Professors Bucking, Ormeci, Sadeghian and Erochko were the recipients of research monies to provide seed funding for individuals or teams of researchers for original, innovative, and time-sensitive research to propose solutions to the challenges posed by the COVID-19 pandemic, or to apply to external research grant competitions targeting the COVID-19 pandemic. The research had to have the potential to contribute to the global response to the COVID-19 pandemic, or to mitigate the spread of COVID-19 and/or its negative consequences on people and communities.

Canadian Autonomous Rapid Test Center (CUCART) – Dr. Scott Bucking

The Community Design Lab (CDLAB) recently completed development of a rapidly deployable, autonomous, tiny home. An industry partner approached CDLAB with a request to adapt the design for use as a decentralized COVID-19 testing facility. The purpose of the proposed project is a pedestrian flow study of the modified design, to increase testing capacity by maximizing the number of patients processed per hour. The placement of key areas will be coordinated through an iterative approach, accommodating social distancing limits and occupant separation, as required.

As governments reopen economies, the need for pre-screening populations will exceed projected test capacity. A rapidly deployable autonomous unit, or Centre for Unitary, Contained and Autonomous Rapid Testing (CUCART), with integrated equipment, could help meet this demand. In combination with an NSERC Alliance proposal for digital design of the facility, and support from an industry partner well-versed in medical testing, the CDLAB intends to develop and assess the CUCART.

Monitoring of SARS-CoV-2 in Wastewater to Minimize/Prevent Future Outbreaks – Dr. Banu Ormeci

SARS-CoV-2 is present in the guts of COVID-19 patients and shed with their stool. As a result, the virus is present in raw (untreated) sewage and recent studies have shown that SARS-CoV-2 RNA can be detected in sewage much earlier than the first confirmed case in a community. Thus, monitoring of SARS-CoV-2 in sewage provides an effective tool for early warning surveillance and understanding the prevalence of the disease in a community. Until a vaccine is found, COVID-19 will likely come back in waves and there is a need for noninvasive, effective, and easy-to-employ monitoring tools to effectively manage future outbreaks. This research will monitor the SARS-CoV-2 RNA levels in raw sewage as an early warning surveillance tool and at wastewater treatment plants to investigate the presence, fate, and removal of the virus. For more to the story click here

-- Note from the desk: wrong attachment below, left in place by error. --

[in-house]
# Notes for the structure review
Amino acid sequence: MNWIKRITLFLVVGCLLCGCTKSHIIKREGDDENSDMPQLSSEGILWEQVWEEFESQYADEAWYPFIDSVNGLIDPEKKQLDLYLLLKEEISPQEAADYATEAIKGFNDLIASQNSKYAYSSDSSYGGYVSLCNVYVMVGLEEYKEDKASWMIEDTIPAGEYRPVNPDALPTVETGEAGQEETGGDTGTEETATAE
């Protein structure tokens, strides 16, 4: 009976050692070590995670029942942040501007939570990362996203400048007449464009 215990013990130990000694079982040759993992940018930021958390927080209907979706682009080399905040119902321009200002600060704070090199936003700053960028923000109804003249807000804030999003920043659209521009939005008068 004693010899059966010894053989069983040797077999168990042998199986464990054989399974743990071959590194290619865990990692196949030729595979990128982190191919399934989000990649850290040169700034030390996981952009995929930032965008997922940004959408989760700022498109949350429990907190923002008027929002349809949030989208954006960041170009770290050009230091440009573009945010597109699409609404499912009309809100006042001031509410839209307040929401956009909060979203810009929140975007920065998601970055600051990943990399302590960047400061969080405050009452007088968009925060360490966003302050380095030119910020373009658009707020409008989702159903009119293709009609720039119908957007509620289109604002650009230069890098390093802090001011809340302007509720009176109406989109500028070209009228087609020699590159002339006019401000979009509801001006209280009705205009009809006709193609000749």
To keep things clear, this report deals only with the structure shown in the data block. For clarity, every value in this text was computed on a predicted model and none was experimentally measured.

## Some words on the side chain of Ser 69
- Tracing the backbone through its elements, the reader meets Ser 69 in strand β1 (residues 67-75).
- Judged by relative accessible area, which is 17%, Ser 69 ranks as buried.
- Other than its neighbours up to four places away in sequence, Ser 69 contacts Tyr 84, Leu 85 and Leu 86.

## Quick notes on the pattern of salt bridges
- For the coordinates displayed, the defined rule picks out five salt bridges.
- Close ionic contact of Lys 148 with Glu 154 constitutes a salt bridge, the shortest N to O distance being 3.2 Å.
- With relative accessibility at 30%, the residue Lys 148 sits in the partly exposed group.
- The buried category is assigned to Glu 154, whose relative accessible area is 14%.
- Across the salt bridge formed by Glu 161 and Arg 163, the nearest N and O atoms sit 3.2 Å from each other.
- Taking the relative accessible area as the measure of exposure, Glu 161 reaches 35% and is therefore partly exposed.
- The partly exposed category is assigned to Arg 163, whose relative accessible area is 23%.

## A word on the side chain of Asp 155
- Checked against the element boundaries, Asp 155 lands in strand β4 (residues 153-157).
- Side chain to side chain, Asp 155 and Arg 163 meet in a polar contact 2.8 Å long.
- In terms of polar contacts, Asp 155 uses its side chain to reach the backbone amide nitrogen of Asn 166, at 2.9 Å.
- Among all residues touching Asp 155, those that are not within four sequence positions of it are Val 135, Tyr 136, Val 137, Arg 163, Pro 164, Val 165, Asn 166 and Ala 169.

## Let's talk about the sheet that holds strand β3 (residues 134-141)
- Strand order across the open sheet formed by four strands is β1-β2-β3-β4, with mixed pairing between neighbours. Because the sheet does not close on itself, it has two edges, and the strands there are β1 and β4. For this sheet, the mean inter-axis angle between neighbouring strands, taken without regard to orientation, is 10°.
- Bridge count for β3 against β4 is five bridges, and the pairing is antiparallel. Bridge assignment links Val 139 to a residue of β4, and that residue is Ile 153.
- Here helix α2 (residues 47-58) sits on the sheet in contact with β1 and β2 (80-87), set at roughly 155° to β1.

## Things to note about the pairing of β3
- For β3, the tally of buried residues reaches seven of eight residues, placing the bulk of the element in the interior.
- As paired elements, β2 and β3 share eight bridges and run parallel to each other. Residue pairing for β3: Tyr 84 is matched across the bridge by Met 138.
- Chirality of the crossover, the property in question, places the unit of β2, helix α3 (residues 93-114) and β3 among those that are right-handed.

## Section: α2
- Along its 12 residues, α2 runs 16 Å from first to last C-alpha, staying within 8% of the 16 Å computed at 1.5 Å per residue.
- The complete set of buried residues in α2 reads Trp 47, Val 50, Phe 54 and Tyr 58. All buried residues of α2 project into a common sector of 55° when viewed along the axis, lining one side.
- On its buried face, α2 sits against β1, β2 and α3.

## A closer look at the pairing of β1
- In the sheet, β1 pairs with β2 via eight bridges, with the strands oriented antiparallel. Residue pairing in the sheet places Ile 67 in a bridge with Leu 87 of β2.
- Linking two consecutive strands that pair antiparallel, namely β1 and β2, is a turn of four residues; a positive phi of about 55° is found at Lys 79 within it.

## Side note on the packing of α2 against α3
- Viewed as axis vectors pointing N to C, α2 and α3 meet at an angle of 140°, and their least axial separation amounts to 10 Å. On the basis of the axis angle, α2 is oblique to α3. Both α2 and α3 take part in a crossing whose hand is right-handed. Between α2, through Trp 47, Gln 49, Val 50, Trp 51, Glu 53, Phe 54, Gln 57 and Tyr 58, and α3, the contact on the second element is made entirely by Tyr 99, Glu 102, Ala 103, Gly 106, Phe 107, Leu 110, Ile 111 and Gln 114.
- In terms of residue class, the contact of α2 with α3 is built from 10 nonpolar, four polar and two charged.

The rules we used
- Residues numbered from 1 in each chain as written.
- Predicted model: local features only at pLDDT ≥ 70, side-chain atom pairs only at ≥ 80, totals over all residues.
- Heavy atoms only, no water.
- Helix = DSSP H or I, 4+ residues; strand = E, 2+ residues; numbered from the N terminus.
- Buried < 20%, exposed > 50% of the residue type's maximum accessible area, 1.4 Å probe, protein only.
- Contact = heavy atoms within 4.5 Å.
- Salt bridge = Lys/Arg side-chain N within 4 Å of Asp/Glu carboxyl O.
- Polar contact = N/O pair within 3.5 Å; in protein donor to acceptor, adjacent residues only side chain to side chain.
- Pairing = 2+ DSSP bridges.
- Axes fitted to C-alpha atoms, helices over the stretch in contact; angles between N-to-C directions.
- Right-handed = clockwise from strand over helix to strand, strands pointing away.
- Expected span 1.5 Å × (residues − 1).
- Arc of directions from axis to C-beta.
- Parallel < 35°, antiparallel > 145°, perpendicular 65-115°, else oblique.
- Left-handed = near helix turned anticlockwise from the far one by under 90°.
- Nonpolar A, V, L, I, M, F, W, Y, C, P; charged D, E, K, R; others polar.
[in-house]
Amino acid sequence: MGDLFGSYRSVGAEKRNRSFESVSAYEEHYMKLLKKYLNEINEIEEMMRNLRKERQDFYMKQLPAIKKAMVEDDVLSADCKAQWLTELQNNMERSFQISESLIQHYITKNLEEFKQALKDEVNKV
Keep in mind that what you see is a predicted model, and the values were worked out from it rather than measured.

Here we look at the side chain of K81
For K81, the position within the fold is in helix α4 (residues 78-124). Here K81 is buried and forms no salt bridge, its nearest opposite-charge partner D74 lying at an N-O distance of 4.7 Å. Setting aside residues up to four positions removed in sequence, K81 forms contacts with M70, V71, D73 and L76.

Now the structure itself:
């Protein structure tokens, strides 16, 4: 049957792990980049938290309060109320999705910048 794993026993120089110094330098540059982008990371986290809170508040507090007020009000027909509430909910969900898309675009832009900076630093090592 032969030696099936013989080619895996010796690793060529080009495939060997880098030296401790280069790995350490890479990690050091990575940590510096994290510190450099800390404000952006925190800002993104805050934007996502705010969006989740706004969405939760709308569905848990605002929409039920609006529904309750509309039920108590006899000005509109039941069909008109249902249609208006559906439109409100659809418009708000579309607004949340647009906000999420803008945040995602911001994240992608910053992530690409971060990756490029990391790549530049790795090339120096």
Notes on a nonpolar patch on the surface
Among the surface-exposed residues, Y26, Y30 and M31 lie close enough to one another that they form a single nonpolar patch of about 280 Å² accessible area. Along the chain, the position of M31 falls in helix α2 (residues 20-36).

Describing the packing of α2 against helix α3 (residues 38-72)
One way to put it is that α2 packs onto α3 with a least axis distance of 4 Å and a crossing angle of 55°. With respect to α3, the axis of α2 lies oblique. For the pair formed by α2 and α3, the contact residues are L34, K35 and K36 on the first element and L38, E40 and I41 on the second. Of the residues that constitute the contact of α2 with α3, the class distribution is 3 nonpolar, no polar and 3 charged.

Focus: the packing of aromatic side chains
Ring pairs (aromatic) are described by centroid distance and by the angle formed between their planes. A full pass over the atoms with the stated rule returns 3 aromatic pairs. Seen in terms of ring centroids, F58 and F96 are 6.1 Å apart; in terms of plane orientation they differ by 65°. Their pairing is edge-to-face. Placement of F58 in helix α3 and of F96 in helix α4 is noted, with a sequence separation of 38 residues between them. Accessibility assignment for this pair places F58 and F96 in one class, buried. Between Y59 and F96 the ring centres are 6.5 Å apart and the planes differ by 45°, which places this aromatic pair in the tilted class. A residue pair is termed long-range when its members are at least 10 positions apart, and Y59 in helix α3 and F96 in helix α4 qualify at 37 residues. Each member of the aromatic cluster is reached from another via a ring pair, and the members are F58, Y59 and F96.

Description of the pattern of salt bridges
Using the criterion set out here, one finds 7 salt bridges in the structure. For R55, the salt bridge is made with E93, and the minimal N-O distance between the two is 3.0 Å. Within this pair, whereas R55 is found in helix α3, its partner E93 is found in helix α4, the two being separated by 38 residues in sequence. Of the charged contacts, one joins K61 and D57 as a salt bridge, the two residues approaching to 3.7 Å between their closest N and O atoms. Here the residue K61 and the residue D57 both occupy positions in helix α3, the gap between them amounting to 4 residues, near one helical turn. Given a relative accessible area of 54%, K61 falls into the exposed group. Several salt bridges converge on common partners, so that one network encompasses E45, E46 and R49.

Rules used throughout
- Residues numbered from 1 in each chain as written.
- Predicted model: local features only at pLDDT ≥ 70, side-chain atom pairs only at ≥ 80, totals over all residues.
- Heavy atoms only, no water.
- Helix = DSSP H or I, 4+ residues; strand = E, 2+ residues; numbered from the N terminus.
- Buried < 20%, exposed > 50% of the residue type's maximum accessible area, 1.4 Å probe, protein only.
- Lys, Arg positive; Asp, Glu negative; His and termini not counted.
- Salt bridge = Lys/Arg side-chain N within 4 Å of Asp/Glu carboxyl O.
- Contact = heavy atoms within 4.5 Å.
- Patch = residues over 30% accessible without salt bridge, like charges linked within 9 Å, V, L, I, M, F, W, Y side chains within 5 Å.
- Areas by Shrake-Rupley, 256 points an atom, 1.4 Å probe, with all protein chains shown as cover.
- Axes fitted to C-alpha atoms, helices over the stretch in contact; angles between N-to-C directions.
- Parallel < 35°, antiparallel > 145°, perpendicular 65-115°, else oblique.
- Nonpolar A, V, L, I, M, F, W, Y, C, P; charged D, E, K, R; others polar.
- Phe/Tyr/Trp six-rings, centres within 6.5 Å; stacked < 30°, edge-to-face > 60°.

Design and Performance Assessment of Fast-Built Hospitals with Modular Construction – Dr Vahid Sadeghian and Dr. Jeffrey Erochko

Because of COVID-19, construction of fast-built temporary hospitals has gained significant attention. One effective solution for building such structures is to use modular construction with prefabricated components. However, currently there are not any specific design and construction guidelines for modular hospitals and the research in this area is limited.

In the proposed project, a multi-disciplinary research team will systematically investigate the safety and performance of modular buildings under different operational conditions for pandemic response; propose a series of modular designs that vary in capacity, deployment range, and construction materials; and evaluate and optimize the designs using computer models.

The expected impacts of the project include providing accessible medical resources for remote northern and rural communities, ensuring safety and improving efficiency of temporary hospitals, reducing the risk to medical professionals and minimizing outbreaks, and providing unique training and highly employable skills for HQP.